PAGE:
What is an AVSD (atrioventricular septal defect)?The normal heart has 2 valves in the middle separating the upper chambers (the atria) from the lower chambers (the ventricles).These valves are called the tricuspid and the mitral valve. Some people are born with a single common AV valve in the middle of the heart instead of 2 normal valves. This condition is associated with holes in the heart. The common AV valve may also be leaky. There are 3 types of AVSD. All types of AVSDs are more common in children with Downs syndrome but can occur in anyone.
A PRIMUM ASD – there is a common AV valve and a hole just above it,(shown by the yellow star). The hole is between the 2 upper pumping chambers (atria).
A COMPLETE AVSD – there is a common AV valve and holes above and below it between the 2 upper (atria) and 2 lower pumping chambers (ventricles).The holes are shown by the yellow stars.
An Intermediate AVSD – there is a common AV valve and a hole between the 2 upper pumping chambers (atria) and a very small hole between the 2 lower pumping chambers (ventricles).
SymptomsAt birth, most affected babieswith either type of defect will have no symptoms. Most babies and children with a primum ASD remain symptom free. After the first few weeks of life those with larger holes or with major leaking of the common valve, usually those with a complete AVSD may become breathless, tire more easily, have slower weight gain with feeding difficulties, become sweaty and can be more prone to respiratory infections (such as bad colds and bronchiolitis).
AVSD TreatmentTiming of treatment depends on the specifics of each individual child’s heart. Some babies are breathless with feeding difficulties from early on. Treatments include the following (not required for all children):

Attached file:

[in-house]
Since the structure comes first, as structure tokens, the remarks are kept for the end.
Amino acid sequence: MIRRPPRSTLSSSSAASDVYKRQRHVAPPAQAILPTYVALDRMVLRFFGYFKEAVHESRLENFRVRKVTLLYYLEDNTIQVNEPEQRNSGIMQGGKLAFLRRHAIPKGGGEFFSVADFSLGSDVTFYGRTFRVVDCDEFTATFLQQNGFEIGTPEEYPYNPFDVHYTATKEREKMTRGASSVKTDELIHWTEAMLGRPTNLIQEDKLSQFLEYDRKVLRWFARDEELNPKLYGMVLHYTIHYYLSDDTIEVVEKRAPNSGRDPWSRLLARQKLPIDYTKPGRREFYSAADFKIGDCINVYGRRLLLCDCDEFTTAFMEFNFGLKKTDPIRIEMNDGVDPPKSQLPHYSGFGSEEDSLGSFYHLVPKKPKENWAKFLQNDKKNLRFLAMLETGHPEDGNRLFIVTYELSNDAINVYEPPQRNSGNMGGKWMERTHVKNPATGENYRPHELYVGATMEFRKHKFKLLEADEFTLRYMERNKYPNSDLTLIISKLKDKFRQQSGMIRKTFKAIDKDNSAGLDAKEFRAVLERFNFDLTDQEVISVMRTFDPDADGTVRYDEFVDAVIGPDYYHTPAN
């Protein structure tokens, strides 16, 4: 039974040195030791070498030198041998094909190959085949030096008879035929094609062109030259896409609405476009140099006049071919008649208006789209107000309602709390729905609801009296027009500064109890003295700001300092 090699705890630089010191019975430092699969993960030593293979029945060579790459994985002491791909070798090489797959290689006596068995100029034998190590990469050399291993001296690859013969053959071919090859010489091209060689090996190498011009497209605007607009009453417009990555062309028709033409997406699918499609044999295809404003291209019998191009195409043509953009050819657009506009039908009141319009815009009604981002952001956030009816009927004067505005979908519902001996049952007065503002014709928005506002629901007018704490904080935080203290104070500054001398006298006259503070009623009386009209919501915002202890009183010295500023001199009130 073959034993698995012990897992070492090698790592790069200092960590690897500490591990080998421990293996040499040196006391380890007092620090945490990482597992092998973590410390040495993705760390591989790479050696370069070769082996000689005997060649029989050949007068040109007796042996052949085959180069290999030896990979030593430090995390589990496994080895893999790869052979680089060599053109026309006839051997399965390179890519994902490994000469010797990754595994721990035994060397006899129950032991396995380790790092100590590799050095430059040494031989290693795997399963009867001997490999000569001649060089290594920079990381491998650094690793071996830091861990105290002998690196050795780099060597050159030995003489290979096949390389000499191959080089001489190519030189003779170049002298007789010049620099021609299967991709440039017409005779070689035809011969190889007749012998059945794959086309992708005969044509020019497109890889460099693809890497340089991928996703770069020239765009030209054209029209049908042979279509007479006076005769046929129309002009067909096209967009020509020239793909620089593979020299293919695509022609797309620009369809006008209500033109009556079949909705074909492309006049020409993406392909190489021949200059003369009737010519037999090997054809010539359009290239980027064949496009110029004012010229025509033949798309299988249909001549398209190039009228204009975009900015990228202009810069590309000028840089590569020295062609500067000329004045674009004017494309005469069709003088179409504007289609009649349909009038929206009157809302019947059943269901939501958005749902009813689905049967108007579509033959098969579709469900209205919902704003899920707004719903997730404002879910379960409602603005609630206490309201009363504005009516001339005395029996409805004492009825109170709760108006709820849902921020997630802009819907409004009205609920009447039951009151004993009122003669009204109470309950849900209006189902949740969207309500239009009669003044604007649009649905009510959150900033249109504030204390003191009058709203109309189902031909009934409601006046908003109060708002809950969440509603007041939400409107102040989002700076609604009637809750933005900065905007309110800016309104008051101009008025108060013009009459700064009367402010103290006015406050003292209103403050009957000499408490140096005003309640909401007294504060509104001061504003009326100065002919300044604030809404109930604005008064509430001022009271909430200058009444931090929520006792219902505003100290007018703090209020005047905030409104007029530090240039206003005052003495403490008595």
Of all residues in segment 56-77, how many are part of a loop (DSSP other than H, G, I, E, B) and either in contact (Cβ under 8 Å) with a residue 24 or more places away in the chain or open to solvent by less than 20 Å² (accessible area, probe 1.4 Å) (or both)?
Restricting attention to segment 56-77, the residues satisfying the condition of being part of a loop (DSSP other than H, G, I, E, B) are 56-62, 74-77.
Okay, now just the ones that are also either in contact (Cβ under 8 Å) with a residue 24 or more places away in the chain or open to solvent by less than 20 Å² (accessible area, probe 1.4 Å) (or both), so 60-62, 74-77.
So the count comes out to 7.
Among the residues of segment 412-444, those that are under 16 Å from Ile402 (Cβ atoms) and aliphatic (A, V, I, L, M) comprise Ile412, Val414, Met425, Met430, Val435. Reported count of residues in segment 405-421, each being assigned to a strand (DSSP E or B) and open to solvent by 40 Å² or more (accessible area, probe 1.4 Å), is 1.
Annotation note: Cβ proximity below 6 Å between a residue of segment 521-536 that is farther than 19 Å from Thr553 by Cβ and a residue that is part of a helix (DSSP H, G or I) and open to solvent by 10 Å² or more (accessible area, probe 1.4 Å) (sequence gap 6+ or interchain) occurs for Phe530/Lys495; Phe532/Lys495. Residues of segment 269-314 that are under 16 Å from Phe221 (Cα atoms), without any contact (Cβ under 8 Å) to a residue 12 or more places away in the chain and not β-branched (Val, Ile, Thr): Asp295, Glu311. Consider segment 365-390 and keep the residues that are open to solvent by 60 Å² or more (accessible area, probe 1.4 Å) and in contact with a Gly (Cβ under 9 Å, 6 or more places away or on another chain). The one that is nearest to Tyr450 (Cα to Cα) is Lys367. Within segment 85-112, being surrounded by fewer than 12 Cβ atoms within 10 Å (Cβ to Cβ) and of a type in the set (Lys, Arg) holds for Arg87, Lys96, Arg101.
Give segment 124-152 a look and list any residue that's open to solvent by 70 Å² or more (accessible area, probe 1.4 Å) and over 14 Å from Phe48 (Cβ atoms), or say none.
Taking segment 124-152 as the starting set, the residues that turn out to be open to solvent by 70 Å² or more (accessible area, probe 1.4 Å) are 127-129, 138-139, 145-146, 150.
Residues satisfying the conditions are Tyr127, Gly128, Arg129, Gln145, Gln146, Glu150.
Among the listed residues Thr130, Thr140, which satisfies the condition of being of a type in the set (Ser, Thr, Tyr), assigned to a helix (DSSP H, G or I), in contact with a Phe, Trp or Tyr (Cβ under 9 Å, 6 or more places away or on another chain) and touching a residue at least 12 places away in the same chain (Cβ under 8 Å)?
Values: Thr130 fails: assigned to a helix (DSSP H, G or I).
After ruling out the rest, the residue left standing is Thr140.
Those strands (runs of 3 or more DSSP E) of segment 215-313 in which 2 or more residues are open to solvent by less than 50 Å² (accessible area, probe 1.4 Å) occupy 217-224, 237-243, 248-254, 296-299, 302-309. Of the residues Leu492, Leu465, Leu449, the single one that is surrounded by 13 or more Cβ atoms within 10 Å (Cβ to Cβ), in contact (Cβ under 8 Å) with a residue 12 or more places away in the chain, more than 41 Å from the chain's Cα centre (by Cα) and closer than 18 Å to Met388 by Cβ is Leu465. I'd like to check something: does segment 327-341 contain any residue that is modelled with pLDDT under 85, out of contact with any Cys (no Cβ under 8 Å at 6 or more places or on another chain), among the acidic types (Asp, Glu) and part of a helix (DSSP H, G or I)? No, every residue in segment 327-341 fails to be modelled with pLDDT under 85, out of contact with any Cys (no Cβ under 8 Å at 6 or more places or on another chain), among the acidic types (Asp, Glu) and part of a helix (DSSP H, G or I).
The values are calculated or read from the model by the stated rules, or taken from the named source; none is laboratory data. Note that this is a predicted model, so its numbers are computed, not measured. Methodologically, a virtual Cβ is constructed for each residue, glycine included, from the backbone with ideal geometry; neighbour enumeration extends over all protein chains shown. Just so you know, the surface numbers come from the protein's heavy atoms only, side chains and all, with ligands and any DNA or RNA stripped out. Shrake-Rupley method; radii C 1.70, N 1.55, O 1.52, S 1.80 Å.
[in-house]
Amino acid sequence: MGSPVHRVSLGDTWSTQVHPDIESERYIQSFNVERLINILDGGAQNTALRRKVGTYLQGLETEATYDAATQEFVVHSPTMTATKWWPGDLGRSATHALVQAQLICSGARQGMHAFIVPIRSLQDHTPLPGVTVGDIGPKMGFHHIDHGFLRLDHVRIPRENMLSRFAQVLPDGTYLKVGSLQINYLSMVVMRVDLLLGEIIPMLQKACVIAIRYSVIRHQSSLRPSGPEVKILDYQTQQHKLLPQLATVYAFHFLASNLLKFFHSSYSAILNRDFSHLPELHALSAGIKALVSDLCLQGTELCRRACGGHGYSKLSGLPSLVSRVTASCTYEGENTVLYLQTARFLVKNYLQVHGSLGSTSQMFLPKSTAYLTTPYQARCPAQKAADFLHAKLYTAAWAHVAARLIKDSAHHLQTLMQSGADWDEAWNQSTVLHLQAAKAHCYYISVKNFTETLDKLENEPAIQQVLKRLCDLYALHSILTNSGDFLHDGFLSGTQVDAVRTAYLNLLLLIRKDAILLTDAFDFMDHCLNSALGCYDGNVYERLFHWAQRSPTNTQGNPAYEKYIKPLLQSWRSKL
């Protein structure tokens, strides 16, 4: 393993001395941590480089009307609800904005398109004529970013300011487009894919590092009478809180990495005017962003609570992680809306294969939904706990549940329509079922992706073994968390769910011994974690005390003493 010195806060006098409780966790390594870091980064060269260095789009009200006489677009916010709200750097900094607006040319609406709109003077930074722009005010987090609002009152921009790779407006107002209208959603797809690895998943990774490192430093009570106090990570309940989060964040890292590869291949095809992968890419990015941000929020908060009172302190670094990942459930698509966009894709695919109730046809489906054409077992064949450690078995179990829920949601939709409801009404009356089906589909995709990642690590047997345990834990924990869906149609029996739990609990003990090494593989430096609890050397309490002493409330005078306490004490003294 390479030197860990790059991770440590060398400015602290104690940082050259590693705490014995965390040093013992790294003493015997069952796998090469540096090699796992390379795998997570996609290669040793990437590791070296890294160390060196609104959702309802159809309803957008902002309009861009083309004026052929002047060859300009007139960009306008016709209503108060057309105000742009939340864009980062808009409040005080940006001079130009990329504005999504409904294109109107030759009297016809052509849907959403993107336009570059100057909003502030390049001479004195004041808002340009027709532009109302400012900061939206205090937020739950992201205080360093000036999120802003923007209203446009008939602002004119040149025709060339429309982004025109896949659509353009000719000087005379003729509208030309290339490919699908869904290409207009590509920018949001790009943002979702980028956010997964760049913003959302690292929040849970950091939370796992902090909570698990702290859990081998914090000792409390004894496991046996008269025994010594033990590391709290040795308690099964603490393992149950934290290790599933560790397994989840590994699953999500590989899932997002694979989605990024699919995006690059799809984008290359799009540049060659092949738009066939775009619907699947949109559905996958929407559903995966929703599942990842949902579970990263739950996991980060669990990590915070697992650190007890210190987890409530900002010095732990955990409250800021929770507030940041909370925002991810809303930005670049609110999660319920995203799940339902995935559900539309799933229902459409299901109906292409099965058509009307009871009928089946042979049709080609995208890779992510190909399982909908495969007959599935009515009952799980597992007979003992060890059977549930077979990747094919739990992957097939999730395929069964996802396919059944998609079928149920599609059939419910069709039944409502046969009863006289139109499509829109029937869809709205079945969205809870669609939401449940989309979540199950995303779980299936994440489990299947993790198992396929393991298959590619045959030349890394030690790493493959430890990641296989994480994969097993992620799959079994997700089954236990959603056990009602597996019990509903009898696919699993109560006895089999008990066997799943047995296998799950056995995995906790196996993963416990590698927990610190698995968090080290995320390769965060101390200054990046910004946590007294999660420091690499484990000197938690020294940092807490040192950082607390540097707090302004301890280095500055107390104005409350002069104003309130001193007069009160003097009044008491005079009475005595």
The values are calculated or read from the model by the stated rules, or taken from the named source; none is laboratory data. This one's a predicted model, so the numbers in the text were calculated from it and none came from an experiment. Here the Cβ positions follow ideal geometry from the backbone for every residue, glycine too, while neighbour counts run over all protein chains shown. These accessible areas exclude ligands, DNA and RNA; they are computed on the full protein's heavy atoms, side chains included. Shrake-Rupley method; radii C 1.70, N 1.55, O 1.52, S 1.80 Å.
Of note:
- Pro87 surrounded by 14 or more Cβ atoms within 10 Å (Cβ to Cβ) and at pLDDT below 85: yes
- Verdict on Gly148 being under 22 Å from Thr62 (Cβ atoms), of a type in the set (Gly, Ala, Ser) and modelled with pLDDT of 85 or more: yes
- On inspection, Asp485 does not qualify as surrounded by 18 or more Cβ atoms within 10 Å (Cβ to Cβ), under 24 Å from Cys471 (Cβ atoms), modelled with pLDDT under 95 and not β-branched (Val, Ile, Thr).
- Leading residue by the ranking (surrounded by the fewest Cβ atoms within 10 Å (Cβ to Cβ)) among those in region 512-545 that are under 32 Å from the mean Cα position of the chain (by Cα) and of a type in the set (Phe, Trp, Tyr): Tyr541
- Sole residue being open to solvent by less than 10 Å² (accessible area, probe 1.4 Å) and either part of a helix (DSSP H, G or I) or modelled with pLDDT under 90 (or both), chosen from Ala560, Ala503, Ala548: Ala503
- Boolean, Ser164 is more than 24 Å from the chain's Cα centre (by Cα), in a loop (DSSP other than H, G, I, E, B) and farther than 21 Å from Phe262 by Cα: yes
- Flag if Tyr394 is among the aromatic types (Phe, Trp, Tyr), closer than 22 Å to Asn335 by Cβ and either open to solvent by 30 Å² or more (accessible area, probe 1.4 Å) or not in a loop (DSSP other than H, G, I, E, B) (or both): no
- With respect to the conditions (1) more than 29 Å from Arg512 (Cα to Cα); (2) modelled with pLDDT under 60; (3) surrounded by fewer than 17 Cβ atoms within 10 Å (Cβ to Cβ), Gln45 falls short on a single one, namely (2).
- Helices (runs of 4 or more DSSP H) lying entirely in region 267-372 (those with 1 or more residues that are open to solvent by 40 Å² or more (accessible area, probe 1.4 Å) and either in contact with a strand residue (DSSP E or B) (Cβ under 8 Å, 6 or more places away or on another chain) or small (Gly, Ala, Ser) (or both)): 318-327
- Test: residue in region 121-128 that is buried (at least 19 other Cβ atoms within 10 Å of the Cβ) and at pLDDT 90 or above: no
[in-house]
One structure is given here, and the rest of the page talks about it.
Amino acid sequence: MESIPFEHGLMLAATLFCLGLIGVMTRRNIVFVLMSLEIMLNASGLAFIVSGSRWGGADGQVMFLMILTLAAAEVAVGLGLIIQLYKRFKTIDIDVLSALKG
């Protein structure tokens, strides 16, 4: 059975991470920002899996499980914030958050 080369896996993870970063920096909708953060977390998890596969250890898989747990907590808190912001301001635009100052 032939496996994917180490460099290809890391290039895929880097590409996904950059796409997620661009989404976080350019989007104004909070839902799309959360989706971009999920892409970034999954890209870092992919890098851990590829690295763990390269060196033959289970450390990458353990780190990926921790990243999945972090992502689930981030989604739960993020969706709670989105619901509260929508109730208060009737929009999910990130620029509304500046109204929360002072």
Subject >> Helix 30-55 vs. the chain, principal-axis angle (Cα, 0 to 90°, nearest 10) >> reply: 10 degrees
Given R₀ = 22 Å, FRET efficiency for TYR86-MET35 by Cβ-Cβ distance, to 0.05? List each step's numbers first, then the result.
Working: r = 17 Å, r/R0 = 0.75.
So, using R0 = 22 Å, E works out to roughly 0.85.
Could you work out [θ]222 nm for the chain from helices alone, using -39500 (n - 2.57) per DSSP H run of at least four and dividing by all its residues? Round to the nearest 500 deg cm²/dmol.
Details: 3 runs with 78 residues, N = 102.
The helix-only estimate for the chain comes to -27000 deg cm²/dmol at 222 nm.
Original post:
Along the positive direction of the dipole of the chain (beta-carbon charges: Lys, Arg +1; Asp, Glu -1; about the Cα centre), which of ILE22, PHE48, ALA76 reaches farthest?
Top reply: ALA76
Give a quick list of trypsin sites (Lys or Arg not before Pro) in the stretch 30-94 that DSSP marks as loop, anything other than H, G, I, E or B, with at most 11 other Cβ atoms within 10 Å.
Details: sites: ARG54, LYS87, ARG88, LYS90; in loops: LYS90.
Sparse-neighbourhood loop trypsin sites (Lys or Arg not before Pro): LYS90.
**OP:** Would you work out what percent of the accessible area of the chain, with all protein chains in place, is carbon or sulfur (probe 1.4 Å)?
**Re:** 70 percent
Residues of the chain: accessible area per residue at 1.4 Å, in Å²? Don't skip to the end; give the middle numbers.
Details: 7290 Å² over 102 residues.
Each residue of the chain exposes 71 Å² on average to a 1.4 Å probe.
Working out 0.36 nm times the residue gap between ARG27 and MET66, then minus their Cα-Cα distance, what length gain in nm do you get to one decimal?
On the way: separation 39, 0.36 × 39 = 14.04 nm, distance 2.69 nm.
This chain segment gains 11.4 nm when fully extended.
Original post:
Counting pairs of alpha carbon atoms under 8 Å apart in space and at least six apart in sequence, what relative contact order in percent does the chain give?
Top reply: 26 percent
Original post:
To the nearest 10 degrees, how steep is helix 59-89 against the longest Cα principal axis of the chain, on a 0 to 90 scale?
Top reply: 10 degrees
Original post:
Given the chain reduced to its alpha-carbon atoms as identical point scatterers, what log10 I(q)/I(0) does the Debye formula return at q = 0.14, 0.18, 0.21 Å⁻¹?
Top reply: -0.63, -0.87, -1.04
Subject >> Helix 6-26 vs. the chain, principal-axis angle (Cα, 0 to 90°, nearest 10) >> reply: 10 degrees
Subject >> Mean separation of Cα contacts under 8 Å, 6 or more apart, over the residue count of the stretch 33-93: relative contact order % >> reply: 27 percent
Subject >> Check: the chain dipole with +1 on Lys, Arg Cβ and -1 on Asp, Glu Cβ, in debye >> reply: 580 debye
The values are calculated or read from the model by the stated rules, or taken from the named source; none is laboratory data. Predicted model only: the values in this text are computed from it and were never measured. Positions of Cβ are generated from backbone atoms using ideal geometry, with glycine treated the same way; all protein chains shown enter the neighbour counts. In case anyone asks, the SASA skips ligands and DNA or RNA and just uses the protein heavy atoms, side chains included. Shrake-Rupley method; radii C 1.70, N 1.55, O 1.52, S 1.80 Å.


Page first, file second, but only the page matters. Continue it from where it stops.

- Diuretic liquid medicine treatment to help treat heart failure,which causes increased fluid in the lungs, resulting in breathlessness eg.frusemide and spironolactone medicines.
- Calorie supplements added to milk eg. Powder added to breast milk or high calorie formula milk.
- Feeding through a special tube passed from the nose to the stomach. This is not always needed, but is helpful for babies who are too breathless to feed consistently.
- Medicines for gastroesophageal reflux if required.
Most children with a primum ASD are symptom free. Surgery can be delayed until the child is bigger, often until they are 2-4 years old, when surgical risks are lower. Repair of the defect involves pacing a patch on the hole via open heart surgery using a cardiac bypass machine. There will be a midline sternotomy scar in the middle of the chest and hospital stay is usually 5-10 days.
Babies with a complete AVSD are likely to require surgery early in life. This may be possible with a single stage complete repair, where the surgeon repairs the defect in the abnormal heart valve causing a leak (the ‘cleft’) and also closes the holes with patches. This is open heart surgery, using a cardiac bypass machine. There will be a midline sternotomy scar and hospital stay is usually 1-2 weeks. Longer stays may be needed especially for smaller sicker babies. Some babies are too sick and small to tolerate a complete repair and require a 2 stage operation with an initial palliative operation where the surgeon places a band around the pulmonary artery. This band reduces the amount of blood which passes from the holes to the lungs. Later when the baby is bigger a second bigger open-heart operation is performed to repair the AVSD.
Dr Naqvi works with an excellent team of NICOR audited congenital cardiac surgeons and if necessary will refer your child to the one who is best for your child’s heart.
PrognosisDr Naqvi has cared for many babies and children with primum ASDs and complete atrioventricular septal defects (AVSDs) and has followed them up until adulthood. She says “The future for children with these types of heart defects is usually very good. A small number may need further lower risk surgery later in life. Even babies who are very sick and struggling to gain weight turn the corner after surgery.
It is so wonderful to see them when they are older happily running around in the clinic, with no memories whatsoever of the difficult times they had when they were little.”
Disclaimer: The opinions and facts shown in this article are as accurate and up to date as possible, but are provided as general “information resources”, which may not be relevant to individual persons. This article is not a substitute for individual assessment and always take advice from a paediatric cardiologist who is familiar with the particular person.